Summary: A sermon based on a vacation bible school song encouraging us to be more careful and deliberate in the way in which we live.
Be Careful What You Promise
Intro: There is an old chorus that I learned as a child in Vacation Bible School that applies to this passage beautifully. The words are as follows; Verse 1 - “O be careful little hands what you do. For the Father up above is looking down in love. So be careful little hands what you do.” Each verse could be modified by adding a body part such as eyes, ears, mouth, feet, etc. I believe this little child’s song has applications to three characters in this most interesting passage from Mark.
I. The first is Salome. Her verse would be, “O be careful little hands what you do.”
A. Salome was both a step-daughter and niece to Herod for whom she danced. Since she had this relationship to Herod, she would most certainly been considered of royal birth and lineage and probably a princess of the kingdom. As such, she would have been recognized as a person of position who should therefore be respected and admired.
B. This royal princess was encouraged to do a vulgar, solo dance for her step-father/uncle. It wasn’t just any respectable dance but one with great sexual overtones and highly erotic. This was a dance normally done by prostitutes and was usually followed by sexual activity.
C. When summoned to do this dance, Salome had a choice. She could have said no. But she was advised and directed by her mother into doing something that definitely would have gone against her status as a member of the royal family and certainly would raise eyebrows of spectators even today. Yet she is not unlike many young people today who are tempted to do something that goes against God’s laws and Jesus’ teachings. But, she could have just said no! But would she? She was encouraged by her mother. How many children today are led astray by well-meaning parents who encourage their children to be popular at any cost or who provide alcoholic beverages for teenager’s parties so that their children will be popular and well-liked? --- Oh be careful little hands what you do!”
II. Next would be Herodias, the mother of Salome and the wife of Herod. Her verse would probably be, “O be careful little ears what you hear.”
A. Herodias had been married to Herod’s brother. But Herod had lusted after his brother’s wife and seduced her murdering her husband and then taking her for his own wife. – I wonder what Herod said to her or promised Herodias to first, give in to his sexual advances. Then agree to marry him after he had murdered her first husband and his own brother? What could she have heard that would encourage her to be a party to these acts?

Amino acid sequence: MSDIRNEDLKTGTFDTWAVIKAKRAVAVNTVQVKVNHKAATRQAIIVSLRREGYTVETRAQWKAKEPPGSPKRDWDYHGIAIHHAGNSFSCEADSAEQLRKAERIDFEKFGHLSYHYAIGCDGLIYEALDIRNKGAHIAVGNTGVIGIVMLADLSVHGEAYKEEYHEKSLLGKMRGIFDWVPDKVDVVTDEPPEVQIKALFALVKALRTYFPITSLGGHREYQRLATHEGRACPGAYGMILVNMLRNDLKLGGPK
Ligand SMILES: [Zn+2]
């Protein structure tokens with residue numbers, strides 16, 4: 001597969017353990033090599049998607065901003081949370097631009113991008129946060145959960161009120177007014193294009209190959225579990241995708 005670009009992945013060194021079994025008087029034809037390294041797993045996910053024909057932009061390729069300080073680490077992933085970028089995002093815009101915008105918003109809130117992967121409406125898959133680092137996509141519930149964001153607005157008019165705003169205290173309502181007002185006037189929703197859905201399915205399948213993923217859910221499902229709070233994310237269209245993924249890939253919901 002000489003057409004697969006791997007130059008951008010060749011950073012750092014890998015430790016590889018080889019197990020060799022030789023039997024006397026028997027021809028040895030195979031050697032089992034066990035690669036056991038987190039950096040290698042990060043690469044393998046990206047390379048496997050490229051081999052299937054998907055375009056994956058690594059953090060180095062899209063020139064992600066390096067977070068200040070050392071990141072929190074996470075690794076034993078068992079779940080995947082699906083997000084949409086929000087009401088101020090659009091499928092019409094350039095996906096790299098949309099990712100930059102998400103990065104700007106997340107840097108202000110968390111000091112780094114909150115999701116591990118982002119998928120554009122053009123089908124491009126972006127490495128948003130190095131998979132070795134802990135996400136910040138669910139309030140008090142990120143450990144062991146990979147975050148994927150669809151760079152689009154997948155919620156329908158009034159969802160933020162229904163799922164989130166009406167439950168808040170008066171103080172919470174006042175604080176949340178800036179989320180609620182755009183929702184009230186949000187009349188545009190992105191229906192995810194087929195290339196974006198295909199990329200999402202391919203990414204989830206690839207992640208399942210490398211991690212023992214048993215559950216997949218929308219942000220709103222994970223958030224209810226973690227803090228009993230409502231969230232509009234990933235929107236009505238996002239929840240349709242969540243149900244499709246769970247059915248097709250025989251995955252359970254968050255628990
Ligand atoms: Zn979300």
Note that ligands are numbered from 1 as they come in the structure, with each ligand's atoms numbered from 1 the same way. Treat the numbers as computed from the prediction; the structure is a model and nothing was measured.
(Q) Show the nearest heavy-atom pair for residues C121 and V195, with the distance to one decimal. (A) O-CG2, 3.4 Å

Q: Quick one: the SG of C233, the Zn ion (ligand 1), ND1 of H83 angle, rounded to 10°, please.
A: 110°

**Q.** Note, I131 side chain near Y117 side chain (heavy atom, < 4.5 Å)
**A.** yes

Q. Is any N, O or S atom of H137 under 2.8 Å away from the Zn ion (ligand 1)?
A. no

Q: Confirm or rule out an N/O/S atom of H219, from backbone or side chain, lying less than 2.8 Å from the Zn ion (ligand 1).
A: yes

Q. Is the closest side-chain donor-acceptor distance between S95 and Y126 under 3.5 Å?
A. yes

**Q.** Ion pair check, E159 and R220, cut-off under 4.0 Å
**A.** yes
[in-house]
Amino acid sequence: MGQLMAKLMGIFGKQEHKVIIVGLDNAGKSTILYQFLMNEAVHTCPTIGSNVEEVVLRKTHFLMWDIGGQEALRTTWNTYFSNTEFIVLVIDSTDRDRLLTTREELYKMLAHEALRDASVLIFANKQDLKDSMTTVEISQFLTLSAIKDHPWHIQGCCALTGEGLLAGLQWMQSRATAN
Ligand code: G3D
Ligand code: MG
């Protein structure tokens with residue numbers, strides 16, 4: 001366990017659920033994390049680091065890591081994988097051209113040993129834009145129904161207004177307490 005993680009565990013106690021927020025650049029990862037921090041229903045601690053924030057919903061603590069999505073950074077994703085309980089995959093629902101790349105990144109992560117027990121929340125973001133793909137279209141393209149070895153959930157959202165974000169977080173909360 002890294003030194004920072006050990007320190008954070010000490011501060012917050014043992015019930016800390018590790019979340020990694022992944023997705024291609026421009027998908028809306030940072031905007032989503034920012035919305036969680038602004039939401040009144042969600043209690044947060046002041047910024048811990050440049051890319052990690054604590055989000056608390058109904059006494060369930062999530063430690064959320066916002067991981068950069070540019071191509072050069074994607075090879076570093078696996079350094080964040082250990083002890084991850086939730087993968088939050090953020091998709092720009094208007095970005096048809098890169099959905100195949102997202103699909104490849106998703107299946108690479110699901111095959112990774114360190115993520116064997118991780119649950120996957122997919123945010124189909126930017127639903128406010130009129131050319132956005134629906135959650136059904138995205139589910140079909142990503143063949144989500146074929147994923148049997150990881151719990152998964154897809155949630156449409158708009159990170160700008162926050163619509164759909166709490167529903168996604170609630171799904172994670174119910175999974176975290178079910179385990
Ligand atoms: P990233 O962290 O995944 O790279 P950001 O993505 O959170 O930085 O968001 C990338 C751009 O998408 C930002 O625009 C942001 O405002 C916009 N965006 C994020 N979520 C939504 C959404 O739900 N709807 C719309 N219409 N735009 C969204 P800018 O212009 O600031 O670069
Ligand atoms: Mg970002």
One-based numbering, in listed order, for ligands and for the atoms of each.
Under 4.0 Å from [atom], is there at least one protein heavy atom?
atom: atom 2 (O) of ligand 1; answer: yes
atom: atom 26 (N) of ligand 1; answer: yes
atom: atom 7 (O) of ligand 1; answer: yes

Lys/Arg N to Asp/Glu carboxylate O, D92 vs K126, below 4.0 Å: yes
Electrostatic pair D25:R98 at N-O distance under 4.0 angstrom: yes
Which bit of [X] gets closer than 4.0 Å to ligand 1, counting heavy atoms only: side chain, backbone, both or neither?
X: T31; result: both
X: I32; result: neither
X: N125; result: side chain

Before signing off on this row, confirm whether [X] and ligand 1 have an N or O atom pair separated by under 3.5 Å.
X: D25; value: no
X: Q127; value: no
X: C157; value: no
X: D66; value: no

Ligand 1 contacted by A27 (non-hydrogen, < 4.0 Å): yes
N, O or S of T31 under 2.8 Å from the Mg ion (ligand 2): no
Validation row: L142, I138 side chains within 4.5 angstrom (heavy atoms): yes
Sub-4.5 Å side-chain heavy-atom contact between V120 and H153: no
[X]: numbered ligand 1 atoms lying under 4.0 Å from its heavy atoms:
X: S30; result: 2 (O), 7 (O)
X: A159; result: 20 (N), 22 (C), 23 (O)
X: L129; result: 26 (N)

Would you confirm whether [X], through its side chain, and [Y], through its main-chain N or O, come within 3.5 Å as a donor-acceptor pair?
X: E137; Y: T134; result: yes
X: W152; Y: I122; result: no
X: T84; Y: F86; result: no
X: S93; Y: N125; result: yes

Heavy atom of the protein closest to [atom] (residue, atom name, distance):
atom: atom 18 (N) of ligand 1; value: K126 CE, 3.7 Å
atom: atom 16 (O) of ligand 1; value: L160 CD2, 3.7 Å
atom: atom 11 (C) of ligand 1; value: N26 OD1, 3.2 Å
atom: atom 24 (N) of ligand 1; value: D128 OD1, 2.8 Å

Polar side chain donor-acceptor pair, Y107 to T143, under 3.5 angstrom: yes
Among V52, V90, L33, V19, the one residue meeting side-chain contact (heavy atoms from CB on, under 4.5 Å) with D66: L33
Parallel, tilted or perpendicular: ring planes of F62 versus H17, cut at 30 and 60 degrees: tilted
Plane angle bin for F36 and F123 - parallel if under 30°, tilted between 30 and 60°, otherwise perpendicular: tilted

B. There were other words being said to and about Herodias. These were the words of John the Baptiser: Words that were accusatory, words that brought her sins and those of her husband into the public forum, words that enraged a queen and led to the death of God’s messenger. But they were also words of truth, words that spoke of sins committed in private but known to the world, powerful words, convicting words, bold words.
C. Truth about selves always hurts. We don’t like to see our sins and often we are not sorry for them. – How many times have you heard, “Don’t get mad, get even.” Or perhaps you have been confronted by your own sin and in righteous indignation claim that it wasn’t your fault, you were lead astray by some other or by circumstances. When the plain and simple fact is that you did it and didn’t care at the time about the consequences. When confronted by our sin we try to justify it or sweep it under the rug because we, like Herodias don’t want to hear it. – “O be careful little ears what you hear.”
III. Herod’s verse would definitely be “O be careful little mouth what you say.”
A. Remember this is the guy who killed his brother, murdered his own sons, and seduced brother’s wife. Doesn’t sound like the kind of person I would want in my family. But, then again, we don’t always get to choose the people with whom we will be related. --- Not only is he a murder, but in all likelihood he has displayed other deviant behavior. Salome is his step-daughter and he permits her to perform a sexually explicit dance for him and presumably others to enjoy. In seeing his pleasure, Herod’s judgment was impaired, his sense of values distorted.
B. He is so pleased and obviously aroused by what he has seen that he promises anything to Salome. When she comes back and asks for the head of John, what can Herod do but to grant her request. After all, he is the king and he must follow through with his oath. He was all about “saving face” and caving in to pressure from crowd who would surely remind him of his promise to Salome.